— By Joe Albright, Parkersburg News and Sentinel

PARKERSBURG, W.Va. — Parkersburg High School coach Scott Cozzens’ investment in a pair of safety goggles before his dive into the haystack following the May PHS commencement ceremony might be a smart decision. The purchase of a full-body suit may be advisable too, so he avoids hay fever.

The Big Reds’ girls basketball leader’s search for a needle in the same mold of graduating combo guard Shay-Lee Kirby could continue ad nauseum.

Players possessing the ability and will to lift their team up on both ends of the floor in today’s basketball game of specializations often proves an overwhelming challenge. Social media and other outside distractions provide more appealing options than players putting in the extra time working and learning to make an equally consistent impact on offense and defense.

But Kirby knows no other way to play. Cozzens’ senior defensive bulldog and offensive assassin jams these two facets into a lanky body capable of twisting and contorting into pretzel-like shapes for steals and layups.

“She is just a tremendous athlete and God gave her gifts he didn’t give me. You just have to let her be herself,” Cozzens said. “We tried to force her into things that weren’t her and it didn’t work. Then we just let her go and kind of play behind her and she has just flourished.

“She has an uncanny ability to get her hands on the basketball in passing lanes. She can jump like a dear. She can tip balls and has really quick hands as well.”

Kirby’s blend of athleticism, attitude, basketball aptitude and talent screams the kind of player capable of anchoring championship teams.

Back-to-back Class AAA state title-winning teams if one wishes to get technical.

These gifts brought her another honor as she has been named the 2019 recipient of the Mary Ostrowski Award for the high school girls’ basketball player of the year by the West Virginia Sports Writers Association.

Coincidentally, her selection came on the morning prior to her eclipse of last Parkersburg High recipient Heather Hopkins’ all-time program scoring record. Her charity-stripe tosses with 5:51 remaining in the state title game’s third quarter broke the mark. Hopkins won the award in 1992.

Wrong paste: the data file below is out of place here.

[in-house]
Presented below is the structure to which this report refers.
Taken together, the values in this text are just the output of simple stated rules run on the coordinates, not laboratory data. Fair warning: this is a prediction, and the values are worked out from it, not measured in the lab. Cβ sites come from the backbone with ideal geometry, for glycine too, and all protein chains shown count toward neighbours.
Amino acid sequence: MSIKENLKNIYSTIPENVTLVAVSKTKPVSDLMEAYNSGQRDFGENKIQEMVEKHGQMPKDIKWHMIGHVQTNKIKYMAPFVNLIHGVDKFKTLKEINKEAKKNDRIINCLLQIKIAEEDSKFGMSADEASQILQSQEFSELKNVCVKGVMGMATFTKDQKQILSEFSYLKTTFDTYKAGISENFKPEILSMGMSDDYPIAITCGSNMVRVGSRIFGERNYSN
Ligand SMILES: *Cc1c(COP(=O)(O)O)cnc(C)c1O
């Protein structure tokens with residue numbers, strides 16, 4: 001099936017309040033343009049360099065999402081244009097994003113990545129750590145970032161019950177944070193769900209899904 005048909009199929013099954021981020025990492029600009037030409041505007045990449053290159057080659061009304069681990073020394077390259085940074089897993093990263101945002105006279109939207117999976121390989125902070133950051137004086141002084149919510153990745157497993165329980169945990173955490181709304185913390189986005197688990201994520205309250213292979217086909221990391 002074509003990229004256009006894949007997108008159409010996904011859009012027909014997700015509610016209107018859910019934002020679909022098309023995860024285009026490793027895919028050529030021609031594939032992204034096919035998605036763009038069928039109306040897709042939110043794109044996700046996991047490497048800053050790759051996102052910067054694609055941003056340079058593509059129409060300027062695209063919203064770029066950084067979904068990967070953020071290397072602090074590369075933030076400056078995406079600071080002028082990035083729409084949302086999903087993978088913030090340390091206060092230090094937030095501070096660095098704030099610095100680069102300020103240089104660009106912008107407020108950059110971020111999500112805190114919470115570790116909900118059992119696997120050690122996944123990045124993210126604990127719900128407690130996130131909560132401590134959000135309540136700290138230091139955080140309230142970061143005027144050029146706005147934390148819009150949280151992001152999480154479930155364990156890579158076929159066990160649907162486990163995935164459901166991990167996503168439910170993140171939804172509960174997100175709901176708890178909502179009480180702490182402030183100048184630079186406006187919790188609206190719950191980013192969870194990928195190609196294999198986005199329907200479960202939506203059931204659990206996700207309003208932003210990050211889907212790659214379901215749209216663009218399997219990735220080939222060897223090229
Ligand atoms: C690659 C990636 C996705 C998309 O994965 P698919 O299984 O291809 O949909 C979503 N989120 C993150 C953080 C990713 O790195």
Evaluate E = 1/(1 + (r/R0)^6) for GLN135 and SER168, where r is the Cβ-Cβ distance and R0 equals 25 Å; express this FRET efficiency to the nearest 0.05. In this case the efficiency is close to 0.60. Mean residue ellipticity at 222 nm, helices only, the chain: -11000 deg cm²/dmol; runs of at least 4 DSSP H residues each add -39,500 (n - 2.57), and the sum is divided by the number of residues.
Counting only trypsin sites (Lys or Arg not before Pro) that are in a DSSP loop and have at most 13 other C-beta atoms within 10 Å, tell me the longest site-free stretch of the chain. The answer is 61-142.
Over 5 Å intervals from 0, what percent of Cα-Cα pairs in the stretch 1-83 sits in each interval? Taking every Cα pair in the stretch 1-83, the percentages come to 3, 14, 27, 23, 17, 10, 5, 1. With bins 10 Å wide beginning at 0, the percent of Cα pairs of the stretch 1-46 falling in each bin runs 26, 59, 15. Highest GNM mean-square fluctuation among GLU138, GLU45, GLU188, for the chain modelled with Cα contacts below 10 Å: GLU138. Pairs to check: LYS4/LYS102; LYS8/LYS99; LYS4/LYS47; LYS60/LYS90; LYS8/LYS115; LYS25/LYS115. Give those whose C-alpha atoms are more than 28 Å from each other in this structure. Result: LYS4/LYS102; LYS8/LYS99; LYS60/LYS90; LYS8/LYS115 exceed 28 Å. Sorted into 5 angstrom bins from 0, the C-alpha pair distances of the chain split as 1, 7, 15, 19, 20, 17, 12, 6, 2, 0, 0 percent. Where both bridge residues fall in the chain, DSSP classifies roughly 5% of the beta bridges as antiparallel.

“Honestly I was speechless,” Kirby said. “As I have said multiple times, it is all about hard work and effort. You have to get on the court and do the best you can every single time. You can’t take anything for granted because you never know when your last game will be.”

To her point, one year after converting the game-winning free throws with 7.5 seconds left in the title game against Buckhannon-Upshur, Kirby again shouldered a heavy load during the run to title No. 2.

With standout all-state teammates Bre Wilson and Madi Mace separately and simultaneously absent from the starting lineup due to injuries, the Big Red anchored Cozzens’ team to the top spot in Class AAA all season.

Double-digit point totals and plenty of turnovers generated from her rover spot in a stifling press were a nightly occurrence.

On the season, Kirby averaged 17.8 points, four rebounds, four steals and two assists per game. Her name also will appear alongside Spring Valley’s Sarah Kelley under most steals in a state tournament game with 10.

All of her effort came without a single desire for personal glory. Her approach to the game she loves best summed up up following her attainment of the scoring record. “I do it for my team and the fans,” she said.

“I am just so proud of her maturity and where she has come from last year to now,” Cozzens said.

She will be presented his trophy during the 73rd annual Victory Awards Dinner, which will take place on May 5 at the Embassy Suites in Charleston.

The Ostrowski Award is named for Mary Ostrowski, a former Parkersburg Catholic standout who led the Crusaders to an 88-game winning streak and state championships in 1977 and 1978. She was a three-time player of the year award winner before moving on to a successful career at the University of Tennessee where she was a two-time All-American and the MVP of the 1984 NCAA Final Four.

Frankfort’s Abby Beeman finished second. She led the Falcons to a second straight Class AA state tournament appearance with averages of 23.7 points, 5.5 rebounds, eight assists and five steals.

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